|Who is it?||Actor, Soundtrack|
|Birth Day||May 20, 1919|
|Birth Place||Chicago, Illinois, United States|
|Age||101 YEARS OLD|
|Died On||February 24, 1991(1991-02-24) (aged 71)\nLos Angeles, California, U.S.|
|Occupation||Singer, actor and comedian|
|Spouse(s)||Alice Gobel (m. 1942)|
He was born George Leslie Goebel in Chicago, Illinois, in 1919. His father, Hermann Goebel, who was then working as a butcher and grocer, had emigrated to the United States in the 1890s with his parents from the Austrian Empire. His mother, Lillian (MacDonald) Goebel, was a native of Illinois, as was her mother, while Lillian's father had immigrated from Scotland.
Following his graduation from Theodore Roosevelt High School in Chicago in 1937, Gobel initially pursued an entertainment career as a country music singer, performing on the National Barn Dance on WLS radio and later on KMOX in St. Louis. During World War II, he enlisted in the United States Army Air Forces and served as a FLIGHT instructor in AT-9 aircraft at Altus, Oklahoma, and later in B-26 Marauder bombers at Frederick, Oklahoma. He resumed his career as an entertainer after the war, although he decided to focus predominantly on comedy rather than just singing. Much later, in a 1969 appearance on The Tonight Show Starring Johnny Carson, Gobel joked about his stateside wartime service: "There was not one Japanese aircraft that got past Tulsa."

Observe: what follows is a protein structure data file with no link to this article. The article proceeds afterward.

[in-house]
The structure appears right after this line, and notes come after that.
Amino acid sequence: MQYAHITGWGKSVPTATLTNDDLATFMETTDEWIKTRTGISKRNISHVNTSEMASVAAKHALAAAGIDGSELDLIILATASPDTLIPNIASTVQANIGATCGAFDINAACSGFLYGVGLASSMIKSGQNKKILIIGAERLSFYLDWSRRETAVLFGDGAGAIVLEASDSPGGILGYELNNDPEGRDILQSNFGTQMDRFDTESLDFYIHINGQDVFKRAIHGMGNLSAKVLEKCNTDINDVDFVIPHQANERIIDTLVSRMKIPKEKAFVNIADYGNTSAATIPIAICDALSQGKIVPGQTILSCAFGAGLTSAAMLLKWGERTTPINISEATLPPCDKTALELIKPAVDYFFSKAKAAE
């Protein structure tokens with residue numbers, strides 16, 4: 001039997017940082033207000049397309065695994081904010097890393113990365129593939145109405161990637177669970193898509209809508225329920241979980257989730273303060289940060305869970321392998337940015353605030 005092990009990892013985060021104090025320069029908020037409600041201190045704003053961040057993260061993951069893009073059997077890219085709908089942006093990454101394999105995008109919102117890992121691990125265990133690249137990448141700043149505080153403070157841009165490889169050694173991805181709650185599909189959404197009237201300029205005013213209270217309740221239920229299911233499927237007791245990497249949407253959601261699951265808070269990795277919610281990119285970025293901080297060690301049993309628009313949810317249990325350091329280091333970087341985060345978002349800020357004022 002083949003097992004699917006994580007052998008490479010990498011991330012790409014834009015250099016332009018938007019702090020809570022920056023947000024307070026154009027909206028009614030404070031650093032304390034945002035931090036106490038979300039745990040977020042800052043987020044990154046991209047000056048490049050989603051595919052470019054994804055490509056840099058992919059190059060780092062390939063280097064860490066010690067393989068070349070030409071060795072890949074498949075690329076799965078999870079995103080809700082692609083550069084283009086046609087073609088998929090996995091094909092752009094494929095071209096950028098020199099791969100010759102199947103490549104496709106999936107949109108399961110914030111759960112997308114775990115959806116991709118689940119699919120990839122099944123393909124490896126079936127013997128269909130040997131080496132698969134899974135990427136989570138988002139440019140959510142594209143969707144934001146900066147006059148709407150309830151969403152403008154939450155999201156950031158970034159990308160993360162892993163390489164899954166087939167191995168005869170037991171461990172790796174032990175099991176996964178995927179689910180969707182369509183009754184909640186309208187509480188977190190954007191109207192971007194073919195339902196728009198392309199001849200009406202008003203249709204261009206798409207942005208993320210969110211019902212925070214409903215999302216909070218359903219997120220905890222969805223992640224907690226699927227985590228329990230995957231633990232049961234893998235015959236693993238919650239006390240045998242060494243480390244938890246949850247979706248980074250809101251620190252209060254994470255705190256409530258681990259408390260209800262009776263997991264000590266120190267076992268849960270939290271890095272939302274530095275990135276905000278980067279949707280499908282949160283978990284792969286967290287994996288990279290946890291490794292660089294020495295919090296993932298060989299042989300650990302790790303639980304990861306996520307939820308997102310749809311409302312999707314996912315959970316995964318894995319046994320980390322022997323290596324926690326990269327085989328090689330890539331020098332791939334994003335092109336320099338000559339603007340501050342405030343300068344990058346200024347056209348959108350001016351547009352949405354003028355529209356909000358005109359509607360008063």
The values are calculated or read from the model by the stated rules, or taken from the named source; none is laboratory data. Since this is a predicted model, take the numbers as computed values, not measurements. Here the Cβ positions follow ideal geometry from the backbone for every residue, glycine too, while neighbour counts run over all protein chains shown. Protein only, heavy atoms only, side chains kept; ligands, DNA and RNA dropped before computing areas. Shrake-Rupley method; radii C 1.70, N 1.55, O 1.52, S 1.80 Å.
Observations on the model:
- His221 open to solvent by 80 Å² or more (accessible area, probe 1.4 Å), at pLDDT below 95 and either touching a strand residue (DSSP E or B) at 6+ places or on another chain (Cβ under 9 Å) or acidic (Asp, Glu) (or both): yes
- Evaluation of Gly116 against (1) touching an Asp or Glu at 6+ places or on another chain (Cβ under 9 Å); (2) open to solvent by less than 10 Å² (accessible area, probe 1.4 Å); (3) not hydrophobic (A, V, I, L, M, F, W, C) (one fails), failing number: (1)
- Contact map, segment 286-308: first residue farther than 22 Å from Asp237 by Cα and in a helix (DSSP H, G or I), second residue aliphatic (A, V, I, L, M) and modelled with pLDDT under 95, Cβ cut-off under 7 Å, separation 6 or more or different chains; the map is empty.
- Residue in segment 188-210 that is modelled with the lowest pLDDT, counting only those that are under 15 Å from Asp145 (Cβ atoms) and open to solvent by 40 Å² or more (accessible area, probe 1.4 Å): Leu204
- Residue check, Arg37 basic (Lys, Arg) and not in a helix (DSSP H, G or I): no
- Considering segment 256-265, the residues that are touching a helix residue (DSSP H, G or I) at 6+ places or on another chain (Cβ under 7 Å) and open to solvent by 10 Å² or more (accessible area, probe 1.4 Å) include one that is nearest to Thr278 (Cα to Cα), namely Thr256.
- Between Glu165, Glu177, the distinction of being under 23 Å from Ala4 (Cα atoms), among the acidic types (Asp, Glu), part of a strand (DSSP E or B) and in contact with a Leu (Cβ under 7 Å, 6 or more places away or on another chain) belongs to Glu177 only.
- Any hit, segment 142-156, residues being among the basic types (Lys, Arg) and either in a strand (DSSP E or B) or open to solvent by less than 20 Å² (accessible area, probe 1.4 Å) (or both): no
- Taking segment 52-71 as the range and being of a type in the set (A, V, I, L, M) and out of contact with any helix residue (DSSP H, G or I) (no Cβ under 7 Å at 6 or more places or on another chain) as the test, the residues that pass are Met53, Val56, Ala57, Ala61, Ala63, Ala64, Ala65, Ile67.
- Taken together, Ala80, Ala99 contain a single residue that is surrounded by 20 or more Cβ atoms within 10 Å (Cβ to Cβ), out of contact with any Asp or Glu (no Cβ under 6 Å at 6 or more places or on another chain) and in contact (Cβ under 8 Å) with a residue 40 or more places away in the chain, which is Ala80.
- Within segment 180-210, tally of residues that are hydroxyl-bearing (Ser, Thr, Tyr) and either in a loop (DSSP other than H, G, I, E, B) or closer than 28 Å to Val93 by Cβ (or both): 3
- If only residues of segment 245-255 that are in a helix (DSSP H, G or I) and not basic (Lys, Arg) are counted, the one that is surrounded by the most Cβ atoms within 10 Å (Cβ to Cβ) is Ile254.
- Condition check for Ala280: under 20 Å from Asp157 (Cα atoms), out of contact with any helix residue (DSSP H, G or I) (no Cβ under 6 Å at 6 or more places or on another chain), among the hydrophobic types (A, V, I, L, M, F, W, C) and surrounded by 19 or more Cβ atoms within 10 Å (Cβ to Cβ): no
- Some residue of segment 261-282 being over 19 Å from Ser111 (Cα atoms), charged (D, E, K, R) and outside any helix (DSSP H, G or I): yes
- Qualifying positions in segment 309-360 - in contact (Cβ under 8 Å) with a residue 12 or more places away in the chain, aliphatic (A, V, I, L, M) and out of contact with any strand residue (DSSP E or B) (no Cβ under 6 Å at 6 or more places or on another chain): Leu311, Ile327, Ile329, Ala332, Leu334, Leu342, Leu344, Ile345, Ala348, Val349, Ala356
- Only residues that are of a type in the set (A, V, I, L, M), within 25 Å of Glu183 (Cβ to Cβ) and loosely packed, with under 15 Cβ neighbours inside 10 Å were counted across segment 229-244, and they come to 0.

Gobel labeled himself "Lonesome George," and the nickname stuck for the rest of his career. The TV show typically included a segment in which Gobel appeared with a guitar, started to sing, then got sidetracked into a story, with the song always left unfinished after fitful starts and stops, a comedy approach that prefigured the Smothers Brothers. He had a special version of the Gibson L-5 archtop guitar constructed featuring diminished dimensions of neck scale and body depth, befitting his own smaller stature. Several dozen of this "L-5CT" or "George Gobel" model were produced in the late 1950s and early 1960s. He also played the harmonica.
When ratings soared on The George Gobel Show (rated in the top ten of 1954-55), Paramount promoted Gobel as their new comedy star, casting him as the lead in The Birds and the Bees (1956), a remake of The Lady Eve (1941) featuring David Niven playing a third-billed supporting role under Gobel and leading lady Mitzi Gaynor.
However, Gobel's TV success did not translate to the big screen. The film performed so poorly at the box office that release was delayed on his second movie, I Married a Woman, filmed in 1956 by RKO Radio but not released until 1958. Although scripted by Goodman Ace, it also resulted in disappointing ticket sales, and Gobel's career as a Paramount movie star came to an abrupt end. He settled into a succession of TV guest star appearances and did not return to movie screens until two decades later, as a character actor in Joan Rivers' Rabbit Test (1978), followed by The Day It Came to Earth (1979) and Ellie (1984). He appeared in nine TV movies during the 1970s and 1980s.
Interestingly, Gobel had employed the tuxedo joke at least once before, on the June 22, 1957 episode of his show. The Comedian complained that the TV Director and crew treated him: "...as if they were a tuxedo and I was a pair of brown shoes." On this occasion, the gag received a respectable, but not overwhelming, response.